Appealing a Non-Intrinsically Interlocutory Judgment In Texas
In a civil case in which the judgment or amount in controversy exceeds $ 100.00, exclusive of interest and costs, an appeal from a final judgment may be taken to the court of appeals. TEX. CIV. PRAC. & REM. CODE 51.012 (Vernon 1997).
Only in certain instances authorized by statute may appeal be taken from interlocutory orders. Cherokee Water Co. v. Ross, 698 S.W.2d 363, 365 (Tex. 1985); See, e.g., TEX. CIV. PRAC. & REM. CODE 51.012 (Vernon 1997).
In order for the final judgment to be appealable, the judgment must dispose of all parties and all issues in the case. North East Indep. Sch. Dist. v. Aldridge, 400 S.W.2d 893, 895 (Tex. 1966).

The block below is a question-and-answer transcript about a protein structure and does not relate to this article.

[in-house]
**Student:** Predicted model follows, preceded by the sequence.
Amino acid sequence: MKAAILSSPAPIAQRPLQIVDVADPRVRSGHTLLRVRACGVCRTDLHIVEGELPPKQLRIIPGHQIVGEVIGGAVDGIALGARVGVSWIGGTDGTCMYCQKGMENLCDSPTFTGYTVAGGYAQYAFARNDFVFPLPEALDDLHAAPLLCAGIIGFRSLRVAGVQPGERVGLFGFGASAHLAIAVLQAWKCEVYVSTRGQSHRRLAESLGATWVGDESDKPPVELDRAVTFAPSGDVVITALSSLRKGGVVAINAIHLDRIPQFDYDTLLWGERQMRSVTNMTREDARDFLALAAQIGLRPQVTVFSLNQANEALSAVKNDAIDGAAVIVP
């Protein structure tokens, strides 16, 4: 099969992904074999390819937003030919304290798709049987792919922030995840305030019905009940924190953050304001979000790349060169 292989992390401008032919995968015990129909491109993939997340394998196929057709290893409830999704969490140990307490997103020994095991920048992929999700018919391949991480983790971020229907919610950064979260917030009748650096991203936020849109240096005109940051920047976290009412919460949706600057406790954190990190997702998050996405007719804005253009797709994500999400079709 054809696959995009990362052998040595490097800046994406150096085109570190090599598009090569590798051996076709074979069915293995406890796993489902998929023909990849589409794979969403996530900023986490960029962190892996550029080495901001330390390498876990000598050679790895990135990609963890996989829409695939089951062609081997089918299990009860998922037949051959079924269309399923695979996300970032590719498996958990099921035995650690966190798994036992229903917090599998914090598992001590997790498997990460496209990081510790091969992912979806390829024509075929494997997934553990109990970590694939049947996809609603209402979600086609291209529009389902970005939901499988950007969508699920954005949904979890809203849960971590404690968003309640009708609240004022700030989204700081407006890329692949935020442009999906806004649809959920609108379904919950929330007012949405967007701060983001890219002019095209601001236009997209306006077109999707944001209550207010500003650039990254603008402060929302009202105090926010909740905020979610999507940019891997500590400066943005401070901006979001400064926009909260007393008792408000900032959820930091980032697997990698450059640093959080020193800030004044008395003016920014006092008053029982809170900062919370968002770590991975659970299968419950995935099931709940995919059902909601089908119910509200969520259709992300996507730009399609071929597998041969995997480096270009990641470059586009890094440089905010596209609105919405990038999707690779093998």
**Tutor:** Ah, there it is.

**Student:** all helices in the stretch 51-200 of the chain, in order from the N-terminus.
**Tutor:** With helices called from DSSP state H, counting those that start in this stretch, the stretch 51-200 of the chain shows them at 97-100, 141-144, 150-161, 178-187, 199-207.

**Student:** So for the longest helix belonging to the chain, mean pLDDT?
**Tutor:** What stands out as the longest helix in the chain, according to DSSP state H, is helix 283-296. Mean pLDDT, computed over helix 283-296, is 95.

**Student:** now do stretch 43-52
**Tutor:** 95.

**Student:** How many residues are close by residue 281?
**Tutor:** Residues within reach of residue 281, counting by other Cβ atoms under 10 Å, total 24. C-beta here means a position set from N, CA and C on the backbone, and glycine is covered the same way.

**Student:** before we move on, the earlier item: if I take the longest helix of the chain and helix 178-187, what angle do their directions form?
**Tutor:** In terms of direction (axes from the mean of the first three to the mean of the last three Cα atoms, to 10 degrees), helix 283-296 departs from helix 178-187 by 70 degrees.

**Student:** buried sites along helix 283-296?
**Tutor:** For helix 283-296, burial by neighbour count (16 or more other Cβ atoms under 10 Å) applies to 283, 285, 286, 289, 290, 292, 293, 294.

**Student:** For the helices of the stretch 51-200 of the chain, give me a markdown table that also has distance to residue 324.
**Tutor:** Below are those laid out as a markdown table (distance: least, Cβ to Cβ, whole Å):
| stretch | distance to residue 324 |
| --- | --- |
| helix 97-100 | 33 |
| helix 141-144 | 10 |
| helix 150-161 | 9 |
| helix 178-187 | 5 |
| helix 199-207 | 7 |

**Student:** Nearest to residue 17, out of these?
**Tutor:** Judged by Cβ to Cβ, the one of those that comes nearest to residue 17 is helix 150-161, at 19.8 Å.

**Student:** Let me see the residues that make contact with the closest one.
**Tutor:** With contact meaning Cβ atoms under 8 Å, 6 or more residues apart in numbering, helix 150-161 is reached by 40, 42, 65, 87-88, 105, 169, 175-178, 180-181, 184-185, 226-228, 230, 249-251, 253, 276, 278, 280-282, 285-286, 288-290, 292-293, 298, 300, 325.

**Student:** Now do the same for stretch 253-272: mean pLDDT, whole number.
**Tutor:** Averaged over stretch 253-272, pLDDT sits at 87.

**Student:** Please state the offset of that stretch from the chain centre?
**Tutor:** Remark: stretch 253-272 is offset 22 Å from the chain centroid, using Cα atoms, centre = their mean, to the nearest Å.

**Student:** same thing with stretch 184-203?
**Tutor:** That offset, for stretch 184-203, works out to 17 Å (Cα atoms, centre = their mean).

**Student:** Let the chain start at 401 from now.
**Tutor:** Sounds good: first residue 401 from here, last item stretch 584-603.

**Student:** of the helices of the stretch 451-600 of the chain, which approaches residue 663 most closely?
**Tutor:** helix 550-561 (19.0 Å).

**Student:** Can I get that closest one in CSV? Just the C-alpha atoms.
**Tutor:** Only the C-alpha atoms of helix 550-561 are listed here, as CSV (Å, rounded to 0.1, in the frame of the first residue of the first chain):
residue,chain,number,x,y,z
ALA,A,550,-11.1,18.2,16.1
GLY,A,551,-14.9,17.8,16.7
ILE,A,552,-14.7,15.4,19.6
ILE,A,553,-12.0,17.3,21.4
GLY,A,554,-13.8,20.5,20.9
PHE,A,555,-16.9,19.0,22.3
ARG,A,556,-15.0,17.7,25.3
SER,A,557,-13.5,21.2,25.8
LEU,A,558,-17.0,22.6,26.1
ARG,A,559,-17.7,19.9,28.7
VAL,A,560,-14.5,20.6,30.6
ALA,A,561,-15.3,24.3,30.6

When a judgment not intrinsically interlocutory in character is rendered and entered in a case following a regularly set conventional trial on the merits, and no order for a separate trial of issues has been entered pursuant to TEX. R. CIV. P. 174, it is presumed for appeal purposes that the trial court intended to, and did, dispose of all parties legally before it and of all issues made by the pleadings between such parties. Aldridge, 400 S.W.2d at 897-98.
Such a judgment is final for purposes of appeal, absent evidence overcoming the presumption. See id.
Some judgments include a "Mother Hubbard" clause to indicate the trial court's intent to dispose of all parties and issues before it. See Mafrige v. Ross, 866 S.W.2d 590, 592 (Tex. 1993).